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Marine Le Pen, the leader of France’s National Front, is the face of European xenophobia. Her policies are typical of the nationalist fervor currently in vogue in both Europe and America, variously described as “anti-immigration,” “anti-Muslim,” “anti-European,” “toxic,” and “nativist.” She has proposed expelling French citizens who are Muslims, sold herself as a populist who can protect native French workers from “wild and anarchic globalization,” and enjoys the thoughts of white supremacists on social media. But despite Le Pen’s corrosive, racist politics, The Atlantic has noticed something that maybe you haven’t considered: Marine Le Pen is a woman.

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The original headline asks, “Can Marine Le Pen Overcome France’s Glass Ceiling?” (since updated to “How Being a Woman Helped Marine Le Pen”). The piece goes on to note that her candidacy is “historic in a country like France, whose political history, much like that of other western democracies, doesn’t boast much female representation.” It’s incredibly short-sighted framing, to say the least. The piece attempts to bracket out Le Pen’s ideologies from gender, focusing instead on her “softening” of the National Front:

Le Pen has done this by attempting to soften the FN’s extremist edges and embrace her role as a woman, while keeping the party focused squarely on immigration and security. Her illiberal rhetoric about Islam and the Holocaust are still likely to curb the support of some voters who aren’t entirely convinced the FN has shed the racist and xenophobic image that has defined it for years.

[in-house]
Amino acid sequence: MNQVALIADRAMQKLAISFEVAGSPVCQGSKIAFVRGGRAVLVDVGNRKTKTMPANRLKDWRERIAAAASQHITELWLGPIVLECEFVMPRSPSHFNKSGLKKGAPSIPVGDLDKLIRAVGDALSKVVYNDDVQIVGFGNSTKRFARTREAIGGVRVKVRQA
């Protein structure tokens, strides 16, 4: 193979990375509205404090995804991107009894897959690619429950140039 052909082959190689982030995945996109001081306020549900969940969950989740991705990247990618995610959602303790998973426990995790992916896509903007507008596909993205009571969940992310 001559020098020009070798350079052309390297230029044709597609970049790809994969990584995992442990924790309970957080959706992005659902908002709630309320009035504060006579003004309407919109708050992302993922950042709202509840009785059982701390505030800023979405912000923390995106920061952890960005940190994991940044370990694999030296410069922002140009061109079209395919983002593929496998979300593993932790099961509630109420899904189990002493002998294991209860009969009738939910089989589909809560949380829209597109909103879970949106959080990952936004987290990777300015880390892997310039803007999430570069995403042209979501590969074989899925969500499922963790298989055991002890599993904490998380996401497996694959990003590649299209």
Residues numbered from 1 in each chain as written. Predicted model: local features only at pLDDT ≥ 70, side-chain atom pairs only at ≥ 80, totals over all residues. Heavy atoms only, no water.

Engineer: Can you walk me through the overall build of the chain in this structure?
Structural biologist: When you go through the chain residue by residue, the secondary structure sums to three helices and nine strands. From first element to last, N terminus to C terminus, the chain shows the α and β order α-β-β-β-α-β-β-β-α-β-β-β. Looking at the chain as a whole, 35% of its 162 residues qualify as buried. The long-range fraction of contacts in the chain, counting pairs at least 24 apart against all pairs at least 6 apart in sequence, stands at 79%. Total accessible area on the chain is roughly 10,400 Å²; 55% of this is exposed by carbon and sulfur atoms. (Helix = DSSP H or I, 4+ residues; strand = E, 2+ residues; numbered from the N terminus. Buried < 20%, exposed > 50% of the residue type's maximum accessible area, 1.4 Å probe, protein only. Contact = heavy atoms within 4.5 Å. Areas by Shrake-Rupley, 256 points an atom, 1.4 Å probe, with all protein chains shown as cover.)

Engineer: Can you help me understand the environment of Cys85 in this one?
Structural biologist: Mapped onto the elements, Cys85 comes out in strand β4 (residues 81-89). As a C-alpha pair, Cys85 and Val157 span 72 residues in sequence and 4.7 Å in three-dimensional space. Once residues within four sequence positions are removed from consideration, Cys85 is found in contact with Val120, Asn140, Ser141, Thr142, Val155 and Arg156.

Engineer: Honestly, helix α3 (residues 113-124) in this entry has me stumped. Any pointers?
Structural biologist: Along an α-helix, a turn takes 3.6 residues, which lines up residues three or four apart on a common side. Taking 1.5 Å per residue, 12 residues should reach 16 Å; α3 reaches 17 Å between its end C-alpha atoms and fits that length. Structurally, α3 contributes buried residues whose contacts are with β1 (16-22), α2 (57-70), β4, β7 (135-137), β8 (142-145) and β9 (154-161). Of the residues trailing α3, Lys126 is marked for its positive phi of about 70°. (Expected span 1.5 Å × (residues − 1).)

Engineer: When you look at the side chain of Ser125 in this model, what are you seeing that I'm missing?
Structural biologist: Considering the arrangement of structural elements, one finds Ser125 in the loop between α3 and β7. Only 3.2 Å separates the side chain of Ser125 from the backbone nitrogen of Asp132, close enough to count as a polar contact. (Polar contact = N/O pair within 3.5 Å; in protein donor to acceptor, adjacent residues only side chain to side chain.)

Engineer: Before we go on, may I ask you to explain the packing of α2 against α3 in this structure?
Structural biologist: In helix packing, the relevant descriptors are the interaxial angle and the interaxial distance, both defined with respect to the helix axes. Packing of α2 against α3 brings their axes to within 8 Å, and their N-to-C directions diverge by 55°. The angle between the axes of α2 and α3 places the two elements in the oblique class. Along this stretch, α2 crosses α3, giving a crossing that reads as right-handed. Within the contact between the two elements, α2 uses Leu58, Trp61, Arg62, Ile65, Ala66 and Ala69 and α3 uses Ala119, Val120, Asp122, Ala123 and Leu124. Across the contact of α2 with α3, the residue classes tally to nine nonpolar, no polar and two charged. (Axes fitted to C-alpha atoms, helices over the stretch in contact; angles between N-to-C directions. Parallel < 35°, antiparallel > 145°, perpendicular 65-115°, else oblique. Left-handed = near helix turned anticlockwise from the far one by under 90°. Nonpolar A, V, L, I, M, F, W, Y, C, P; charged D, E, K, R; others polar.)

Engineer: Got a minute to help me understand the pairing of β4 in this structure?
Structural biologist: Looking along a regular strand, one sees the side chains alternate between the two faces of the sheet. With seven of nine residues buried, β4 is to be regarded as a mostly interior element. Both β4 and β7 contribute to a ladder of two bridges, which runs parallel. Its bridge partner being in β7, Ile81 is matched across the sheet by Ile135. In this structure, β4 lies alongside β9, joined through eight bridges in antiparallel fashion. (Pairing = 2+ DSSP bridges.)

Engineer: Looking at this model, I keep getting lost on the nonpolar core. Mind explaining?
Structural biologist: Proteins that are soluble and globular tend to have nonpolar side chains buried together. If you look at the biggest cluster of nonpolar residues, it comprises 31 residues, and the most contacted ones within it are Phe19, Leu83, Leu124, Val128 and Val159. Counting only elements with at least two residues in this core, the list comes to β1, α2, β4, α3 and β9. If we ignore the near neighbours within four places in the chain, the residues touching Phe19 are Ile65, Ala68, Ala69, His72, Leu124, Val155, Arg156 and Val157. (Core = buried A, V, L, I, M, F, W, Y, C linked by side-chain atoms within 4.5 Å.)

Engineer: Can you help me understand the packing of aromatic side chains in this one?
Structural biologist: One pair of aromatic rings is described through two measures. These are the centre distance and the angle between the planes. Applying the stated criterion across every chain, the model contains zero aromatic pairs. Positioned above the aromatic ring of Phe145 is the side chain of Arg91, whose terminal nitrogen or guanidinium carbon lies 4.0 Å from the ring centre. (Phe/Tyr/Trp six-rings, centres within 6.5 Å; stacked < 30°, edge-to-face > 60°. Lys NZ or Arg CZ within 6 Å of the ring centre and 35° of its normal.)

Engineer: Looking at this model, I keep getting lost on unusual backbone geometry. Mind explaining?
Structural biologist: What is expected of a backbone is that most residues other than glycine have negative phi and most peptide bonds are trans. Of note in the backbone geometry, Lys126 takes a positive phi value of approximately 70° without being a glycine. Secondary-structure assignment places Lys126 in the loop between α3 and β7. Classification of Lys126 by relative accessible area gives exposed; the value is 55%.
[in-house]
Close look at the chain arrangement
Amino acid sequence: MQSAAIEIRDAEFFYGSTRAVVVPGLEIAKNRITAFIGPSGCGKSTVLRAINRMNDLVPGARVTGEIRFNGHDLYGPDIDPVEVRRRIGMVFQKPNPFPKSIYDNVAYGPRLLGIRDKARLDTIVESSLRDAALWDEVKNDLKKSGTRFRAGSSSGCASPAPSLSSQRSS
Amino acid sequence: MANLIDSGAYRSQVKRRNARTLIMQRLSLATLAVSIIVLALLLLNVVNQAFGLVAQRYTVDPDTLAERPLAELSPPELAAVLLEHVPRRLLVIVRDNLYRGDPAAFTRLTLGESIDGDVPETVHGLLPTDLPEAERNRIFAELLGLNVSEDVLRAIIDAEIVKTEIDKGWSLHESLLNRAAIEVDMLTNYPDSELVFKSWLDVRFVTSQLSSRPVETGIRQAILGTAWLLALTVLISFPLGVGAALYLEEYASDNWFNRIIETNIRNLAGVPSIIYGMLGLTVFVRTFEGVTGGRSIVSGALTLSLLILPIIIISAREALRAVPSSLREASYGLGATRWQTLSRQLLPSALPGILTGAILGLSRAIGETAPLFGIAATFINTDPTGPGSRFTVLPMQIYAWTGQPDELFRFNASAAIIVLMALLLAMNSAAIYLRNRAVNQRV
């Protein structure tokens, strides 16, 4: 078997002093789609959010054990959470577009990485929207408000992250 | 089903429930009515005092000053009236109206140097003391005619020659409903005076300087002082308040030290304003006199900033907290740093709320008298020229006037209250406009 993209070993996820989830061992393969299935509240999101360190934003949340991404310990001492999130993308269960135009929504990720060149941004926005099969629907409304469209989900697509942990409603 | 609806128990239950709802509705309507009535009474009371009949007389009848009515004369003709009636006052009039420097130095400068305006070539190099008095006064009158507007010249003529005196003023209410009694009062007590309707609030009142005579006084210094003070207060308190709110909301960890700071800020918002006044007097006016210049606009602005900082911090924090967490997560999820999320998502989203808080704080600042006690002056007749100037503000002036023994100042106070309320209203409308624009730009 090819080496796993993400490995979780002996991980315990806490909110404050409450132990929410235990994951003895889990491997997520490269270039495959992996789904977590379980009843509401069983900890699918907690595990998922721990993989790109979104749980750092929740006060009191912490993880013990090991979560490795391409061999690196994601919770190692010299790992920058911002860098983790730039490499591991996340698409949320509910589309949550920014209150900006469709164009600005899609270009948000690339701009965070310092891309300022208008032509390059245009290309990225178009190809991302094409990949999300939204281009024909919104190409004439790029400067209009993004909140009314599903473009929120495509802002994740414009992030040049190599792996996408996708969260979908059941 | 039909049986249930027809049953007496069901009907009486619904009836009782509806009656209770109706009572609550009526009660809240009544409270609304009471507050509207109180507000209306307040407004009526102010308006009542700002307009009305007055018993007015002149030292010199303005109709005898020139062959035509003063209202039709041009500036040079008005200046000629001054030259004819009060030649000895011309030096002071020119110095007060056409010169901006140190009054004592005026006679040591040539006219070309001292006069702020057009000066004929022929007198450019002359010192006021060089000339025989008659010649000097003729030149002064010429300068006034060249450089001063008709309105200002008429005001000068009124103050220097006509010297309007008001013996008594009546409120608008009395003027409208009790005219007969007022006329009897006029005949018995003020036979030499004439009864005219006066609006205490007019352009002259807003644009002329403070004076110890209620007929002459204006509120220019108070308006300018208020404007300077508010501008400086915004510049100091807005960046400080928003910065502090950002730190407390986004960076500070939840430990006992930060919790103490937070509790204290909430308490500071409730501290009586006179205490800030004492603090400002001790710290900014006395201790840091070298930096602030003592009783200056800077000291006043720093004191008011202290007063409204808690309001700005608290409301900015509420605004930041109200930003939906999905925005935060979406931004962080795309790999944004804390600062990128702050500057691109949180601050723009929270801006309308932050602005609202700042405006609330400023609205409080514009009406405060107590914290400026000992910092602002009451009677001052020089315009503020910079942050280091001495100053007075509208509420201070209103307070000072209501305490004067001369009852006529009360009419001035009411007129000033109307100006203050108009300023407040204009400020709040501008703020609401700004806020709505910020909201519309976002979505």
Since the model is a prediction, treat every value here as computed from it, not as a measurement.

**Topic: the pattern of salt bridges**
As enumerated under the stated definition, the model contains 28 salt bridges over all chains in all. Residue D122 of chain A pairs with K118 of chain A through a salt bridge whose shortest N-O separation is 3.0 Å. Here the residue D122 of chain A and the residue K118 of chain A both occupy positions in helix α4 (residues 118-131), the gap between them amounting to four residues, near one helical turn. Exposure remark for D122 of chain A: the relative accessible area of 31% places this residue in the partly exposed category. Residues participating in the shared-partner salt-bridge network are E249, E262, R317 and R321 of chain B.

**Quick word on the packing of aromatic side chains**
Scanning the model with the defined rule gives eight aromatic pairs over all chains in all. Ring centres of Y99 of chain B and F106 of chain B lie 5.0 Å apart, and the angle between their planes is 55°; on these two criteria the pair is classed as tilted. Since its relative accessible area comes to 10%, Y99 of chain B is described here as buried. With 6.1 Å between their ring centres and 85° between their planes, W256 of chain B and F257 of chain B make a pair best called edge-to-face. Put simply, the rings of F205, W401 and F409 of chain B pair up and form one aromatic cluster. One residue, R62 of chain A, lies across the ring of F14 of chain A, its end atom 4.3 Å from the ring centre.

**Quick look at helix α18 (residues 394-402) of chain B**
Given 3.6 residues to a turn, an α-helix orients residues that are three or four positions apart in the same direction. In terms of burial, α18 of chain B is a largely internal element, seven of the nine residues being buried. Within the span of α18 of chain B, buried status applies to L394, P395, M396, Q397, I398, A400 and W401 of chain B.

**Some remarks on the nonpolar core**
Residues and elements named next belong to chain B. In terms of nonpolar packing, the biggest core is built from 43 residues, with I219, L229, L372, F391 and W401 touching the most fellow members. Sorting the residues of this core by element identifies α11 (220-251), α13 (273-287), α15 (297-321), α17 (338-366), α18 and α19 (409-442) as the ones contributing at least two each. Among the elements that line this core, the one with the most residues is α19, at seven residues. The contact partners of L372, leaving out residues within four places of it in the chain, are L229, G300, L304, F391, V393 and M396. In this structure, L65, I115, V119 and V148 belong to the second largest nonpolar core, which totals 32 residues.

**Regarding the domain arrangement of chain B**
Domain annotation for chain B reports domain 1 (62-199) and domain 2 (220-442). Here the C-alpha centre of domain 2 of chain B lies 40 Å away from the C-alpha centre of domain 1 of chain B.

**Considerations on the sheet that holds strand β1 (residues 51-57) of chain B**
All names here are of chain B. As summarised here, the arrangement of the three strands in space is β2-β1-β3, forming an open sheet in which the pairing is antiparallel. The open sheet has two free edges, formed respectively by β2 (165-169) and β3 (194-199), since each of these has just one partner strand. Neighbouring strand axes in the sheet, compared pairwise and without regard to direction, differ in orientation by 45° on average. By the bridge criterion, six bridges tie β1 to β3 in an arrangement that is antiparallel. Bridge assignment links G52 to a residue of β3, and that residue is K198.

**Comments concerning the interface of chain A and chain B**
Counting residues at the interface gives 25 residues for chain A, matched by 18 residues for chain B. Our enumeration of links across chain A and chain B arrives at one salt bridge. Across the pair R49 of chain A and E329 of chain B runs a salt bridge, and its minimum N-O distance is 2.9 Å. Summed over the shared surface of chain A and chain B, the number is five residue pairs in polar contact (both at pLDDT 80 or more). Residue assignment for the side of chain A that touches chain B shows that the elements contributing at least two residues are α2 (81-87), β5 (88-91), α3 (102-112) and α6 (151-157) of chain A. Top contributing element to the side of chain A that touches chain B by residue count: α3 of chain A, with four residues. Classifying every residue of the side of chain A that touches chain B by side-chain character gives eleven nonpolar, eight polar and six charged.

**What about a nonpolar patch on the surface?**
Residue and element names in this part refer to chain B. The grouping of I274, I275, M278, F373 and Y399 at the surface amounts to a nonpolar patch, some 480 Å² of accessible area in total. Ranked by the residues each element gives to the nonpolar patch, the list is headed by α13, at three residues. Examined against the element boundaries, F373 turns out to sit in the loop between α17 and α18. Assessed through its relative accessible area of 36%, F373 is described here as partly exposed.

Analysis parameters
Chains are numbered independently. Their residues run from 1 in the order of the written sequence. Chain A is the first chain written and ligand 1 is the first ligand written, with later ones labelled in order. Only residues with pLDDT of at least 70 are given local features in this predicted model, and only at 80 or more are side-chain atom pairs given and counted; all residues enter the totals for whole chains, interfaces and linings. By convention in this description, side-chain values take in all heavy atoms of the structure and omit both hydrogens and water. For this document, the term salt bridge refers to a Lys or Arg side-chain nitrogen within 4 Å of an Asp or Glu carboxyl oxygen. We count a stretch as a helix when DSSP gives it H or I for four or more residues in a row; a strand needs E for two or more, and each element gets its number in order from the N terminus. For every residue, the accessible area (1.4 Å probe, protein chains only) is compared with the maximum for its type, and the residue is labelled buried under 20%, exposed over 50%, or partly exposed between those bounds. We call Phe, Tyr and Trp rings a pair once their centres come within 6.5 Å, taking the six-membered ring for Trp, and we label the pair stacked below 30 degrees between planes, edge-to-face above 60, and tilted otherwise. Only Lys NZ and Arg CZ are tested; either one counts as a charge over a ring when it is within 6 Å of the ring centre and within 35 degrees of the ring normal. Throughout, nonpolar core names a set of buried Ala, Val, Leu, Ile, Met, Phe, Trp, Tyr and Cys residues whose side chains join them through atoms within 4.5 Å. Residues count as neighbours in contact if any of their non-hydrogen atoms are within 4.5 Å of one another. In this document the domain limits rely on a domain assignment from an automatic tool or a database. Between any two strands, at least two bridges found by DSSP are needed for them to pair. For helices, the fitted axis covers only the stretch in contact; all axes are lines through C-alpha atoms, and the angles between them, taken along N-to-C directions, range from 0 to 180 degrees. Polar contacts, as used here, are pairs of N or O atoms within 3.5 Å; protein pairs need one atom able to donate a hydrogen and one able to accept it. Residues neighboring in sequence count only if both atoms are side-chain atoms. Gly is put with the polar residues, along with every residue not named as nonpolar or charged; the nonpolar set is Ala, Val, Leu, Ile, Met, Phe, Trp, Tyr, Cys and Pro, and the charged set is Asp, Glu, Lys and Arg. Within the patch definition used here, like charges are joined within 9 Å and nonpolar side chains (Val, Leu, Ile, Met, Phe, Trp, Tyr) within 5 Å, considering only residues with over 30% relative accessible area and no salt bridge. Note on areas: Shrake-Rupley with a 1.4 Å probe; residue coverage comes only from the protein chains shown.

Here, “embracing her role as a woman,” means softening the party by throwing out Holocaust deniers like her father, National Front founder Jean-Marie Le Pen. The bar, apparently, is very low. The piece also notes that Le Pen has also spoken about motherhood as part of her identity and, in fundamentally American terms, played empowerment off as a brand of feminism. That Le Pen suggests that she can have it all—be a single mom and the leader of a xenophobic party—is far from the feminist/empowerment conundrum that The Atlantic presents. In truth, there’s nothing particularly new here; motherhood has traditionally been used by European nationalists as a powerful iteration of female identity and authority. That Le Pen is revisiting an old concept should be treated with a healthy dose of skepticism and within the framework of that history. It isn’t so much a “softening” as it is a modern update of an old rhetorical gesture that reaffirms outdated values.

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If there is an interesting thread of thought in this piece it’s that a woman’s very presence can make the ideology of the National Front more appealing; that xenophobia can be dressed up as something else when it’s championed by a white woman. That Le Pen’s very presence can lure the so-called media narrative away from racism and xenophobia to focus, instead, on gender, representation, and historic moments for women is perhaps a more interesting story. Ironically though, The Atlantic, just unwittingly wrote that story.